Senators make bipartisan call to restore donor tax breaks
Lankford is a co-sponsor of bipartisan legislation that would extend the break to the 2022 tax year and raise the maximum deduction to around $4,000 for singles and $8,000 for couples.
Despite his general support for allowing all taxpayers to deduct charitable donations, Wyden did not sign on as co-sponsor of the Lankford bill, and he declined in a hallway interview after the hearing to say if he supported this particular approach. “I’m very committed to increasing the number of Americans who have the ability” to deduct charitable donations from their taxes, Wyden said.
Speakers at the hearing were Dan Cardinali, CEO of Independent Sector; Susannah Morgan, CEO of the Food Bank of Oregon; Una Osili, associate dean for research and international programs at Indiana University Lilly Family School of Philanthropy; and Eugene Steuerle, co-founder of the Urban-Brookings Tax Policy Center.
All speakers agreed that charitable giving continues to lag behind the need for services as the pandemic drags on and other economic shocks hit the nation’s most vulnerable people.
In response to the pandemic, Congress enacted a tax break allowing people who don’t itemize their taxes to deduct charitable donations, something they previously couldn’t do. The limit was $300 for individuals and $600 for couples. This tax relief expired at the end of 2021.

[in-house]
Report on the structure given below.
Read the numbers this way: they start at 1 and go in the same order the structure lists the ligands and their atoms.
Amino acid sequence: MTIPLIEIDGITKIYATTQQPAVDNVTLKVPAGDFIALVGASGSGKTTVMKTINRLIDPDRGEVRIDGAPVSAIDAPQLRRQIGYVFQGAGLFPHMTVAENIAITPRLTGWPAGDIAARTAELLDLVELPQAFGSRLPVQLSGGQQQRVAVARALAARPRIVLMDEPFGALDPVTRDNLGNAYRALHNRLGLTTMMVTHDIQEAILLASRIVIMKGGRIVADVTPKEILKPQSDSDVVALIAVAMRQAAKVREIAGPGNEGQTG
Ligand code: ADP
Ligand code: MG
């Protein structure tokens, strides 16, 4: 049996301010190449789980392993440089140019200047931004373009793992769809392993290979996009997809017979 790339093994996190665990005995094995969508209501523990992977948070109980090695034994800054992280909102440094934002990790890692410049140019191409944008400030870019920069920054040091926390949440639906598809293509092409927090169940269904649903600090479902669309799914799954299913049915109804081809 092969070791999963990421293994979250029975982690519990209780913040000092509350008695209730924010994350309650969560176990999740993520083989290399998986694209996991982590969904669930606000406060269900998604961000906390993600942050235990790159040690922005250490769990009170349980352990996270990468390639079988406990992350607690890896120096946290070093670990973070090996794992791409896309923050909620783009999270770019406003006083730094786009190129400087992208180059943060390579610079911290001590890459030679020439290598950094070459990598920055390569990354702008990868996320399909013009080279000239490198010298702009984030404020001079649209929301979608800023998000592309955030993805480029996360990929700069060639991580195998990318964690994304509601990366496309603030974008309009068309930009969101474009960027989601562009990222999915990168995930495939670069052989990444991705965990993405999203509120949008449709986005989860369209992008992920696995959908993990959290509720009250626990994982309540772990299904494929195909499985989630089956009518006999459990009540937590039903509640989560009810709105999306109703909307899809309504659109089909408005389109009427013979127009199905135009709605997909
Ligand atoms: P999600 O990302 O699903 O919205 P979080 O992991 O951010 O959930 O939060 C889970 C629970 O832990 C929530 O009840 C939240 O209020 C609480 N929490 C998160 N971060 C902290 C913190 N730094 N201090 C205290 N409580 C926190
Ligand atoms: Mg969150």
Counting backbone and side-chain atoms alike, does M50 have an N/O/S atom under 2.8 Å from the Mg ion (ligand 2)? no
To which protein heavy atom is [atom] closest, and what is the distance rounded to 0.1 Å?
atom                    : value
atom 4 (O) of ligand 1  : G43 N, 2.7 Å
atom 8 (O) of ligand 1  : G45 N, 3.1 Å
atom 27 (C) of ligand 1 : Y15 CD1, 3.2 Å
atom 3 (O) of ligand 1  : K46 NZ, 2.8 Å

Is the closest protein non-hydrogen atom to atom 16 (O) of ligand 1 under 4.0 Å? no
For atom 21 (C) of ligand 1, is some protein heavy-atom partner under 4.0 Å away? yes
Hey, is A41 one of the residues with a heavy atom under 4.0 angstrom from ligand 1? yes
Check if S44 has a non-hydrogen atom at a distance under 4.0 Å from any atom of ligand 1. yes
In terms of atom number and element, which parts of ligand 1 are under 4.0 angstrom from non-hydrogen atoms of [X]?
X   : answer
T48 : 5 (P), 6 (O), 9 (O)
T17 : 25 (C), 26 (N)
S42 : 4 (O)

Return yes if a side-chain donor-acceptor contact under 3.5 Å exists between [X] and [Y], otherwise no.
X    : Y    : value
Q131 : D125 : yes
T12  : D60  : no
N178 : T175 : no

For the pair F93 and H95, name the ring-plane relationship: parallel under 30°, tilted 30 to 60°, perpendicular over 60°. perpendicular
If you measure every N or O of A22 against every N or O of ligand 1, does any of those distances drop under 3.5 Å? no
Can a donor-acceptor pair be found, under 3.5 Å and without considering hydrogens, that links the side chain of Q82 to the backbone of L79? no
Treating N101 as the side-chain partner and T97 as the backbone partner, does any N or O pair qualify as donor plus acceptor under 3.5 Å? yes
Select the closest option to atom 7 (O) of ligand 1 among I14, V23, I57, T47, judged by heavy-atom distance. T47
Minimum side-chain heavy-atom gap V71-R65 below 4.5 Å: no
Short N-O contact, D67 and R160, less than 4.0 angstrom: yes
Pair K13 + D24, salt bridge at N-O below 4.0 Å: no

While the hearing largely focused on expanding the charitable deduction, Senator Charles Grassley, an Iowa Republican and former finance committee chairman who still sits on that panel, raised the issue of increased disbursements from foundations and donor-advised funds.
Grassley is a co-sponsor of a bipartisan bill that would require contributors to donor-advised funds to distribute the money to charity within 15 years to receive tax benefits. The bill also includes incentives for foundations to increase their payout to 7% of assets per year; the law currently requires a 5% disbursement rate for foundations.
Oregon Food Bank’s Morgan enthusiastically endorsed the increased payment requirements. “When I hear about rich people putting money aside to improve the future,” she said, “my response is to improve the future right now.”
Senator Sheldon Whitehouse, a Democrat from Rhode Island, asked about the administrative burden of payment legislation. What happens, he asked, when a donor deposits money into a donor-referred fund account and distributes some of that money each year – how does the fund manager track- he what dollars are distributed in 15 years?
“You go into a very complicated logistical tracking to determine when each dollar came in,” Whitehouse said.
Morgan replied that her nonprofit already does something similar to prevent food waste, and it’s not difficult. “We track our inventory like that,” she said. “When we get a truckload of oranges, we know when they’ve come in and when they have to come out.”
This article was provided to The Associated Press by the Chronicle of Philanthropy. Dan Parks is editor of the Chronicle. Email: firstname.lastname@example.org. The AP and the Chronicle are supported by the Lilly Endowment for coverage of philanthropy and nonprofits. The AP and the Chronicle are solely responsible for all content. For all of AP’s philanthropy coverage, visit https://apnews.com/hub/philanthropy.